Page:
Triple talaq bill put in cold storage for now
NEW DELHI: The Rajya Sabha was adjourned on Friday at the end of the winter session, ensuring the "triple talaq" bill is pushed to the budget session which begins later this month. The Congress and BJP had issued whips to all their MPs in the Rajya Sabha to be present in the house on Friday in the unlikely event that the bill was taken up. Though it was listed in the Rajya Sabha's agenda Friday, with a deadlock between the government and opposition continuing, it did not come up.
The government was prepared for such an eventuality, having failed to convince the opposition to help pass the bill in the Rajya Sabha, where it is in the minority. A united opposition led by the Congress was steadfast in its demand that the bill, cleared by the Lok Sabha last week, be sent for review to a parliamentary committee.
The Muslim Women Protection of Rights in Marriage Bill 2017 seeks to make the instant "triple talaq" a criminal offence and proposes up to three years in jail as punishment for a Muslim man who divorces his wife by saying "talaq" thrice. The government has said that after the Supreme Court held the practice unconstitutional last year, the bill must be passed to ensure justice to Muslim women. Law minister Ravi Shankar Prasad urged MPs to pass the bill pointing out that despite the Supreme Court order, instant "triple talaqs" are happening every day.
The Congress and other parties - including BJP ally Telugu Desam Party and the AIADMK and Biju Janata Dal, called government-friendly parties because they regularly help it pass legislation in the Rajya Sabha - want further scrutiny of the bill by a select committee of the house, primarily voicing concern over the provision for a jail term. They have argued that if a man who abandons his family goes to jail, he will not be able to provide for them. They want the bill to include provisions for giving financial aid to Muslim women.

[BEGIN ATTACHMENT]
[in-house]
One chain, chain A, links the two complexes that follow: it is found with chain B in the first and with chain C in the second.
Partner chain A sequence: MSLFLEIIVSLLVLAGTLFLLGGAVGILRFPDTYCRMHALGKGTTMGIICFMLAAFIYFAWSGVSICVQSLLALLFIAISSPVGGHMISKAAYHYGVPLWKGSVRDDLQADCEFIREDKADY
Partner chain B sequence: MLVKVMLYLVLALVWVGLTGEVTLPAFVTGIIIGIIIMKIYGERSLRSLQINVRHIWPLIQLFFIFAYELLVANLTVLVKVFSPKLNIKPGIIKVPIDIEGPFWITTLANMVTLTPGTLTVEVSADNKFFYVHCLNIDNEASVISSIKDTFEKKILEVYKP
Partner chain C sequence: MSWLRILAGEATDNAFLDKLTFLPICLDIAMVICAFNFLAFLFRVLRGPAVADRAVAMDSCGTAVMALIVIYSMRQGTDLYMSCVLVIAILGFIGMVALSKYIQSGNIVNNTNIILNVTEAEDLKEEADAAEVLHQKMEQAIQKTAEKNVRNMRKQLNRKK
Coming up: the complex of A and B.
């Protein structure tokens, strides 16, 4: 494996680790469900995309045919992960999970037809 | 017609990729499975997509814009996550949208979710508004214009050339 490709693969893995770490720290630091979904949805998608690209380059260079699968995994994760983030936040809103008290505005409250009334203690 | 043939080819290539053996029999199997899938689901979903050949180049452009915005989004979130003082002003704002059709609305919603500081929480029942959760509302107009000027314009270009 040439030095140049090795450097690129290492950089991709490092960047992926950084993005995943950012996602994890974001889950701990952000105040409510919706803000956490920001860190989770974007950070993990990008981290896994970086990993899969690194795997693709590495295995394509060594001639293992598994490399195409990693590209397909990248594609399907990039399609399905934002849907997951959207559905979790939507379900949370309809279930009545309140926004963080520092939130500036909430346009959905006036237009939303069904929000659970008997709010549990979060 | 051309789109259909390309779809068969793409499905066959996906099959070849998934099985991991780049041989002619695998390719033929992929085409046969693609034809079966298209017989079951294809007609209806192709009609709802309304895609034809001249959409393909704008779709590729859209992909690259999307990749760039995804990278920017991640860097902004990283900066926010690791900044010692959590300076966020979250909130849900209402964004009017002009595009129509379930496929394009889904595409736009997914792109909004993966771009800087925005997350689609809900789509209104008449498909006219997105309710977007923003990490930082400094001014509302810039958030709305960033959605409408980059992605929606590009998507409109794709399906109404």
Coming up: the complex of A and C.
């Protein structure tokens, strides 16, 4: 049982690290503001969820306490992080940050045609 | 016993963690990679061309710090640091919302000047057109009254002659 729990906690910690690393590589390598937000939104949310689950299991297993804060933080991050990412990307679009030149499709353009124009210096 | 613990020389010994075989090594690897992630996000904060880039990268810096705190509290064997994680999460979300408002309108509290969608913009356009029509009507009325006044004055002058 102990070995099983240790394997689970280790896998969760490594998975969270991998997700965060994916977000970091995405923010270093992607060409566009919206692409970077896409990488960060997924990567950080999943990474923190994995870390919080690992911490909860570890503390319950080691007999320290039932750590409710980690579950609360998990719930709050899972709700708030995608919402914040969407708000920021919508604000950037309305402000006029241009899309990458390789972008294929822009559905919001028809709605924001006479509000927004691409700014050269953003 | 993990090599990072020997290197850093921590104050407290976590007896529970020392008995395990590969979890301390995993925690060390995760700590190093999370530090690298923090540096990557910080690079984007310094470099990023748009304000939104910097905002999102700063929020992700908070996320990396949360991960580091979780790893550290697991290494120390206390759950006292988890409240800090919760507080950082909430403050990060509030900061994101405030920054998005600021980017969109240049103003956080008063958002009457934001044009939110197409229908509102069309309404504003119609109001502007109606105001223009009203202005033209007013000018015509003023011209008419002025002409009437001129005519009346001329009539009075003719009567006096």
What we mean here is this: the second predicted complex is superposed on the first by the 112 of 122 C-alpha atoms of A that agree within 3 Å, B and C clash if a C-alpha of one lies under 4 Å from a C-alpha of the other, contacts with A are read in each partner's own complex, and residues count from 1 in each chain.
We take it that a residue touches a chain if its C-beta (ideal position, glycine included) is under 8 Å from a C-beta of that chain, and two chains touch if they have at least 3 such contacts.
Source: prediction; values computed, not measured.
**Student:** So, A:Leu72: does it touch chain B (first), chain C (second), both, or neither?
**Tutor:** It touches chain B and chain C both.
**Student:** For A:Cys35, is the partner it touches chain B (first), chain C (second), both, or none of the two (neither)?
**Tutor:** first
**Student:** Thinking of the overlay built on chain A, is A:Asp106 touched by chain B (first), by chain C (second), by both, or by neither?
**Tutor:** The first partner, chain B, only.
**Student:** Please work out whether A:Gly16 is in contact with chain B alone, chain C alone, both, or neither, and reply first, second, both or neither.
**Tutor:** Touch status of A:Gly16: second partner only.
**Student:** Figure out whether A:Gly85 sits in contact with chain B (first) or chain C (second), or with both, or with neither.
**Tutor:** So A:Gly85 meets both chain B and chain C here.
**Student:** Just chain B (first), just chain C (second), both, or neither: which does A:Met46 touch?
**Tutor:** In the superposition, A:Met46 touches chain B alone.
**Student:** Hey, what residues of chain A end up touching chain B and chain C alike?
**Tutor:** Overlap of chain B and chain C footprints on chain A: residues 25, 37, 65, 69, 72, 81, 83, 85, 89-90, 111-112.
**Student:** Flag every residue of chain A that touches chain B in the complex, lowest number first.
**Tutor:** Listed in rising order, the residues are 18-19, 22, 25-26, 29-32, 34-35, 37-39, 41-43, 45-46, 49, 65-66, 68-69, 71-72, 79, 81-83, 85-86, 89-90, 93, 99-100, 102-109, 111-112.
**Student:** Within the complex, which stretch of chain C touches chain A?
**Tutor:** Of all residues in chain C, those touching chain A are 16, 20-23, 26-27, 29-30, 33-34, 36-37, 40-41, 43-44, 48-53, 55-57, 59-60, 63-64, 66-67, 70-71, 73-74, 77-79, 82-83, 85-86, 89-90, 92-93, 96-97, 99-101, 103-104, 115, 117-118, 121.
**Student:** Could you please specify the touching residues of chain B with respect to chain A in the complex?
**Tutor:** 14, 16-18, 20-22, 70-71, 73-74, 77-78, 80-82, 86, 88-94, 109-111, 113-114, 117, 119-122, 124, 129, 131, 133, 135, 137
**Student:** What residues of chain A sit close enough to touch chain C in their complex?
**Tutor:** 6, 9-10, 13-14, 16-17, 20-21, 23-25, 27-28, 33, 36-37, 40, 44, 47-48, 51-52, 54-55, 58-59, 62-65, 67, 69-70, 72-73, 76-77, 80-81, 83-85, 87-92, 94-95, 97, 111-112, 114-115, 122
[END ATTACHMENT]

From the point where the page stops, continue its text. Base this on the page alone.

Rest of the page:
There are also concerns that if the law is passed, it could be misused as it gives anyone the right to complain to the police about the "triple talaq" to register a case and arrest a man.
The government is clear it will not cede to the opposition and send the bill to a panel. It accused the Congress of double standards and insisted that the bill is debated in the Rajya Sabha so that it can "expose the Congress' hypocrisy" for opposing it in the upper house after supporting it in the Lok Sabha, where it sailed through last week since the government has a significant majority.
The ruling BJP said any concerns on the bill could be raised on the floor of the house. "The Congress is indulging in diversionary tactics. They don't have any intentions of helping Muslim women. They are hiding behind the idea of a select committee. Congress must learn from history," minister Ananth Kumar said.
After attempts to bring other parties on board to evolve a consensus around the bill failed during the winter session, the BJP, sources said, hopes to try and bring them around between sessions. The budget session of parliament will begin in less than a month. See P5